• Experience with anesthesia in all types of surgery has led to the conclusion that the cause of fatalities is to be sought not so much in the chemical identity of any given anesthetic as in errors incidental to its administration. Statistics indicate that card'ac arrest is sufficiently frequent to call for a study of the factors likely to precipitate it. A list of 10 such factors is given, including especially hypoxia, hypercapnia, excessive anxiety in the patient, and errors in dosage. Most of these are preventable by carrying out the protective measures here described. If cardiac arrest occurs it must be treated at once. Thoratocomy by a long intercostal incision in the fourth, fifth, or sixth left interspace should be done quickly to permit maintenance of circulation by direct manual rhythmic compression of the heart through the intact pericardium. Promptness is more important than asepsis, and no intrathoracic infections have been reported in patients who survived such emergency thoracotomies. Artificial respiration by positive prossure must be maintained while the thorax is open. If the heart is found not in a state of asystole but in ventricular fibrillation, rhythmic manual compression must be continued to prevent acute dilatation, but in addition the heart must be brought to a standstill electrically by applying a defibrillating current before there is any possibility of restoring the normal sinus rhythm. The procedures here presented have saved 60% of patients who developed cardiac asystole during anesthesia.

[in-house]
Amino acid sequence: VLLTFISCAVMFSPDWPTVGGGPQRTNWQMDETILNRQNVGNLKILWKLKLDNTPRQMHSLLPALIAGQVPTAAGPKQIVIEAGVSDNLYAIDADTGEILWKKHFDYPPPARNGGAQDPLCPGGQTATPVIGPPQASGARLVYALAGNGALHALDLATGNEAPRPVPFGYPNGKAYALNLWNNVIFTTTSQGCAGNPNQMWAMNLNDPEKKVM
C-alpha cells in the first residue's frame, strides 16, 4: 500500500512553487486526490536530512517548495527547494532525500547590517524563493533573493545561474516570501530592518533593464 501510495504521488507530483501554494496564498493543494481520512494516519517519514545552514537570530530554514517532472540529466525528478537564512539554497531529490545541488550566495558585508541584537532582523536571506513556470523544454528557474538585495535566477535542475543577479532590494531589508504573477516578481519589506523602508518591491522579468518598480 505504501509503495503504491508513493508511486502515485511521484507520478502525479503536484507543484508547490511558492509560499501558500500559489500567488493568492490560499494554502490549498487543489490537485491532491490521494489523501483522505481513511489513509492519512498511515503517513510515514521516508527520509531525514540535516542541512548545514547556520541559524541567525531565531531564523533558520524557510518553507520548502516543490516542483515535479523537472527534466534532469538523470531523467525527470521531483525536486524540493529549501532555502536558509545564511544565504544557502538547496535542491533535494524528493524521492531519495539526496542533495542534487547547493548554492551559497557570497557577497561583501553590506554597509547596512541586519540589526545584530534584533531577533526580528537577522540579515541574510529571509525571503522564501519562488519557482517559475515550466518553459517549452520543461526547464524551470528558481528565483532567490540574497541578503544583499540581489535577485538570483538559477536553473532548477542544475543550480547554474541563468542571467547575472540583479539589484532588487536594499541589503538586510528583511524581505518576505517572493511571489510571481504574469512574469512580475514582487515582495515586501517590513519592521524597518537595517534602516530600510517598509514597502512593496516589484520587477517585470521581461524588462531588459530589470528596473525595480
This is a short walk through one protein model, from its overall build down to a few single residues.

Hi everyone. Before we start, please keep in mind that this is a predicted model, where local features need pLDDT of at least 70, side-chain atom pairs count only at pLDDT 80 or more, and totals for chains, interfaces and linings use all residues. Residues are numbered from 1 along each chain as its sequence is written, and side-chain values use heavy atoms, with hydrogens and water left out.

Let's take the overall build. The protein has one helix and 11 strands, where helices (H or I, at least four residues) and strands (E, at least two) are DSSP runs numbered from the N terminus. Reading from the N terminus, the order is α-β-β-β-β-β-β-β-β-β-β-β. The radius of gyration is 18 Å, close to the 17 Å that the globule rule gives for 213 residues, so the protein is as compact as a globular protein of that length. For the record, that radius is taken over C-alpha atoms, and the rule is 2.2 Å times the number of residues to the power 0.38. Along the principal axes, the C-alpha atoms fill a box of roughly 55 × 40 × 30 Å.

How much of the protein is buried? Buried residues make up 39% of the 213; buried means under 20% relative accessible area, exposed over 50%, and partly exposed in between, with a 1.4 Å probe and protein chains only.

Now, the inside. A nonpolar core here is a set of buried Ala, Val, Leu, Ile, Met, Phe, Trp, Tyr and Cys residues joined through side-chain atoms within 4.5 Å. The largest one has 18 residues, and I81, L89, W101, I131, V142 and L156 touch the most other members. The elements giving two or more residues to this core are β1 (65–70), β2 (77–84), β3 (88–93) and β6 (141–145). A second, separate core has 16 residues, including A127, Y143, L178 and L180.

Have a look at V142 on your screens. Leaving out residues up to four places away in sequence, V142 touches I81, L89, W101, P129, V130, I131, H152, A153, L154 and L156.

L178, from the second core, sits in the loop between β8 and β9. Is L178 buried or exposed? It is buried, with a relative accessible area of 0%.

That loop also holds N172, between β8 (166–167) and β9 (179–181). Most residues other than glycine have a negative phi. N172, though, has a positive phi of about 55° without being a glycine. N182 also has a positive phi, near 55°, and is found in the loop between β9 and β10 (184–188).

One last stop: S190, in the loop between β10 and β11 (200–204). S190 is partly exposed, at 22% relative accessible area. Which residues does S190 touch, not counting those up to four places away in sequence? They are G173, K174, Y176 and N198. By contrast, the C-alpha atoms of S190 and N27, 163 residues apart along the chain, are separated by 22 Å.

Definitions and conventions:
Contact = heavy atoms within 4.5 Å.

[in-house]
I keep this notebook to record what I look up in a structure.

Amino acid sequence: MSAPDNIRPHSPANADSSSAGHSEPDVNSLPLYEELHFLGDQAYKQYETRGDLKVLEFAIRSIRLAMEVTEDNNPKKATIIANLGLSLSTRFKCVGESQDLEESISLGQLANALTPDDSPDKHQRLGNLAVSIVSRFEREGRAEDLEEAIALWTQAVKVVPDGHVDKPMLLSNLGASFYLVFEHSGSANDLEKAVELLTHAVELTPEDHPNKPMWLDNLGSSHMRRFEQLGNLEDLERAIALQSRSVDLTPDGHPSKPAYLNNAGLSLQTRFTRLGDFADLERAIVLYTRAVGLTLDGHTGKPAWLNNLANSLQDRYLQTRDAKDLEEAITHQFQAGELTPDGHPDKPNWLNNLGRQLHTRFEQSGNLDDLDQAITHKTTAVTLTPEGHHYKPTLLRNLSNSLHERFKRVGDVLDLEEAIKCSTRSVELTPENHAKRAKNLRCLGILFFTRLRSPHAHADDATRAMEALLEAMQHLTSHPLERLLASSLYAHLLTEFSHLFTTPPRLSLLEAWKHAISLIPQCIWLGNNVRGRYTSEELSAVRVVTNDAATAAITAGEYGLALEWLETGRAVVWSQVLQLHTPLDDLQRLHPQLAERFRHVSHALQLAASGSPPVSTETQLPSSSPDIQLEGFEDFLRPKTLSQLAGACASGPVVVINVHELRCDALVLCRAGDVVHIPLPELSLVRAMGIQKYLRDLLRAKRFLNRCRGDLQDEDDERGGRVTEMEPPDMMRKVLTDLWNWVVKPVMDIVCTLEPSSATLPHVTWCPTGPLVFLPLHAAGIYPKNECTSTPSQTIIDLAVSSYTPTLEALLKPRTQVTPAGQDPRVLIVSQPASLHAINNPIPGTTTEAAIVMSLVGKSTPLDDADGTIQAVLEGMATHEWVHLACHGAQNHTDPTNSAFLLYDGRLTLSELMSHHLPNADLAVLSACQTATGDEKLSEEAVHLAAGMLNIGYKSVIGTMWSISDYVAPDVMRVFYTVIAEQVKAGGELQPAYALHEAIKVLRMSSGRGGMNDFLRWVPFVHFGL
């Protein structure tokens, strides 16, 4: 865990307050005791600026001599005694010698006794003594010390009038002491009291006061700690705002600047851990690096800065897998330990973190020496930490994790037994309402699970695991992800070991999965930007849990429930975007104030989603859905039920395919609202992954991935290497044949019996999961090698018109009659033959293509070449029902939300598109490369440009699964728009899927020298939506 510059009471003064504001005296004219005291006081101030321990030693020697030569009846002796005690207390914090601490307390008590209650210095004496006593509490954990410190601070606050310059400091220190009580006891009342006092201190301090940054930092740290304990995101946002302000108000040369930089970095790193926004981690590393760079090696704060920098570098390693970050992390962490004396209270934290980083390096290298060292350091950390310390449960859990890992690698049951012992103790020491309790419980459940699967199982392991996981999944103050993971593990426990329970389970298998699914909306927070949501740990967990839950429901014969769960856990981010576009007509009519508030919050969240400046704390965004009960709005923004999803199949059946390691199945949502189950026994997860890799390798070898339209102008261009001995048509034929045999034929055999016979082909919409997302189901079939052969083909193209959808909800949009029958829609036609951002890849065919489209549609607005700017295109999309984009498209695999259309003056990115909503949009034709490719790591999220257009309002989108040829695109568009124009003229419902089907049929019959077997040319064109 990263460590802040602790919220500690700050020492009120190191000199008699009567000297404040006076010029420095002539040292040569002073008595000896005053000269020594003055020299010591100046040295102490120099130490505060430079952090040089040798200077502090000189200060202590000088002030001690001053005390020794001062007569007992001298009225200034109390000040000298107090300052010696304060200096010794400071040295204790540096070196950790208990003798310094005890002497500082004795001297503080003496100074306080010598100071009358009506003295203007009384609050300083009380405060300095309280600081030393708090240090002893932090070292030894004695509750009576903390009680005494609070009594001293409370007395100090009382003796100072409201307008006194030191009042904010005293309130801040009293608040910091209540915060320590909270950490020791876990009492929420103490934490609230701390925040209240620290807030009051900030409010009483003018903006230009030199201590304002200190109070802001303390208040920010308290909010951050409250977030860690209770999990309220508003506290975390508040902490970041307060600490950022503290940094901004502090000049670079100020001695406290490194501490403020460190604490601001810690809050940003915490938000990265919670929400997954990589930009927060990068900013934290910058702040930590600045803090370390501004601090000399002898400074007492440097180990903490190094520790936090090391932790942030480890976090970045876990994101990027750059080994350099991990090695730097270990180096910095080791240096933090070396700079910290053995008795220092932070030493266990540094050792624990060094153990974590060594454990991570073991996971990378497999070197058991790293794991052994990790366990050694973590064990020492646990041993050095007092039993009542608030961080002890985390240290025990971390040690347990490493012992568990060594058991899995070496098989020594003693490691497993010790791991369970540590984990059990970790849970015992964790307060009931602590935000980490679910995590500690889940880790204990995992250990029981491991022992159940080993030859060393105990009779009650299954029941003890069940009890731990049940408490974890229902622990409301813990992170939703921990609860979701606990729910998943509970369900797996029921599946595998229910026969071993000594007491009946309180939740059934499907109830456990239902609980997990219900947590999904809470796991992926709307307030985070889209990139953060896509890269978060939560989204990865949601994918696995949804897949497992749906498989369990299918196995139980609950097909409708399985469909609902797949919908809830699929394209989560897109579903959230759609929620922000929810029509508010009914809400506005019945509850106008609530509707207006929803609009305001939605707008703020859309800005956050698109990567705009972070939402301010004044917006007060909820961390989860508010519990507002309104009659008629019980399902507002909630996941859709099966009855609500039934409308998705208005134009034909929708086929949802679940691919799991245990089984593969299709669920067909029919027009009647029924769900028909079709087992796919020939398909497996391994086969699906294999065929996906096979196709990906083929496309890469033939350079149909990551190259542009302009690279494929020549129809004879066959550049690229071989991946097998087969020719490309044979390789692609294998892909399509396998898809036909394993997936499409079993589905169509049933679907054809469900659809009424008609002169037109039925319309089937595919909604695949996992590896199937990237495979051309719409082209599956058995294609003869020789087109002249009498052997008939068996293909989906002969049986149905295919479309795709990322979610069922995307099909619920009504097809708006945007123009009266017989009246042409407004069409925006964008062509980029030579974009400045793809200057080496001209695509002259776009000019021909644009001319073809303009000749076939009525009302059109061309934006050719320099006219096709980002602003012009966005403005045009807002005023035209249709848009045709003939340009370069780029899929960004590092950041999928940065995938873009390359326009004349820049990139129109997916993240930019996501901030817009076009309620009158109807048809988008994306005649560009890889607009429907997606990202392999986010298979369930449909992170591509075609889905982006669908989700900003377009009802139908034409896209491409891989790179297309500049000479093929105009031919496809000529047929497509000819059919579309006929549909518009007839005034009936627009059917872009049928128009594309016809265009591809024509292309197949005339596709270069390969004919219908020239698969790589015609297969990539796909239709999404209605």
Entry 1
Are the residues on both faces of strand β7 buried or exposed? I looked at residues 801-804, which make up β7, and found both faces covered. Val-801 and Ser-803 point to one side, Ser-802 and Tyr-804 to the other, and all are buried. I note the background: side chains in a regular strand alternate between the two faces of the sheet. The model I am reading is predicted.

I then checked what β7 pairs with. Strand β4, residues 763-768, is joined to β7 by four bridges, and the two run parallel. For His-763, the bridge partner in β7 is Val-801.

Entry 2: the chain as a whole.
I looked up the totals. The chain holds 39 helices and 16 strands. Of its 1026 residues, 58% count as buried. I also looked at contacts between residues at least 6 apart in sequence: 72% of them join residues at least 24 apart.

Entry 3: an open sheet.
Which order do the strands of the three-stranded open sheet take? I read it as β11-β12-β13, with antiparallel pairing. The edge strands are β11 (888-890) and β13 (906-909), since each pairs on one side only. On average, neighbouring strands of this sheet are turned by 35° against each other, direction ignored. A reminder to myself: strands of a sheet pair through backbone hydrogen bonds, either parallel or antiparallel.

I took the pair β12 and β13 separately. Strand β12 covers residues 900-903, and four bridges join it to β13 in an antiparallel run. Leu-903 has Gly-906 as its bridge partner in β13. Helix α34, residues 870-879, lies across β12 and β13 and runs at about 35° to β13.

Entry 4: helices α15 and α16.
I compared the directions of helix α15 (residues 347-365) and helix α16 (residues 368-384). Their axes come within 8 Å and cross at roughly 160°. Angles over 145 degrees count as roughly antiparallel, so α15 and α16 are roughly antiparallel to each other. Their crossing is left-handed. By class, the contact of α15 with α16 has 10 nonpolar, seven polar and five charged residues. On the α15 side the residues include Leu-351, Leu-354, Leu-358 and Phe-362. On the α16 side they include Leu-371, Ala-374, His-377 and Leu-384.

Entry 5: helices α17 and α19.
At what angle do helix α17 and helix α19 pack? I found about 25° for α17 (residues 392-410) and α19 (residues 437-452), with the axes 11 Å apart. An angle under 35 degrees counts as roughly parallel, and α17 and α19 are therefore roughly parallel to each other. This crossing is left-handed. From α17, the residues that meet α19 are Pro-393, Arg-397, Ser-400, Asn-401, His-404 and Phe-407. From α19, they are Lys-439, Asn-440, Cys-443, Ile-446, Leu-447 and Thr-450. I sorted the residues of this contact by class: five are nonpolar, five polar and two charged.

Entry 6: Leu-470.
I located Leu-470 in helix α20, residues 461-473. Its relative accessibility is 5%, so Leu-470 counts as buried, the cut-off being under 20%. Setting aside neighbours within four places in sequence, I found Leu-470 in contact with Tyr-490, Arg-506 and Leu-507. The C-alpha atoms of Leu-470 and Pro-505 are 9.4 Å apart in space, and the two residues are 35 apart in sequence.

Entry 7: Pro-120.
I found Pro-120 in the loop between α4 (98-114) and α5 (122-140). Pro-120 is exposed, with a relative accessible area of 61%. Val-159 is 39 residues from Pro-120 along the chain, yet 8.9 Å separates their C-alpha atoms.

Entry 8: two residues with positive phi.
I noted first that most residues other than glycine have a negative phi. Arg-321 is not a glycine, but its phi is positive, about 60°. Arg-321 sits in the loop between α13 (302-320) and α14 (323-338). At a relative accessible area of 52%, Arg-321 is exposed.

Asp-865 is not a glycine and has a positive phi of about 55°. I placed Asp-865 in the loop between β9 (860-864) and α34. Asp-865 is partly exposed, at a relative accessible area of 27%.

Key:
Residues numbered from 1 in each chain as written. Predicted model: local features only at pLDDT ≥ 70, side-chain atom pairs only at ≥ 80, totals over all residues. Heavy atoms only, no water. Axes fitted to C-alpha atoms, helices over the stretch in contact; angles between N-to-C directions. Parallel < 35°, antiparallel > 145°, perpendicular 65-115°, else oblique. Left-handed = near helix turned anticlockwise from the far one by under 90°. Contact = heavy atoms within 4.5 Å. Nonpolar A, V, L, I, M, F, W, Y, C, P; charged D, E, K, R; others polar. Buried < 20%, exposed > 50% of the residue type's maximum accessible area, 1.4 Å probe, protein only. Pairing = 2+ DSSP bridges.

Ruth HS, Buckley ML, Keown KK. CARDIAC ASYSTOLE. JAMA. 1957;164(8):831–836. doi:10.1001/jama.1957.02980080001001
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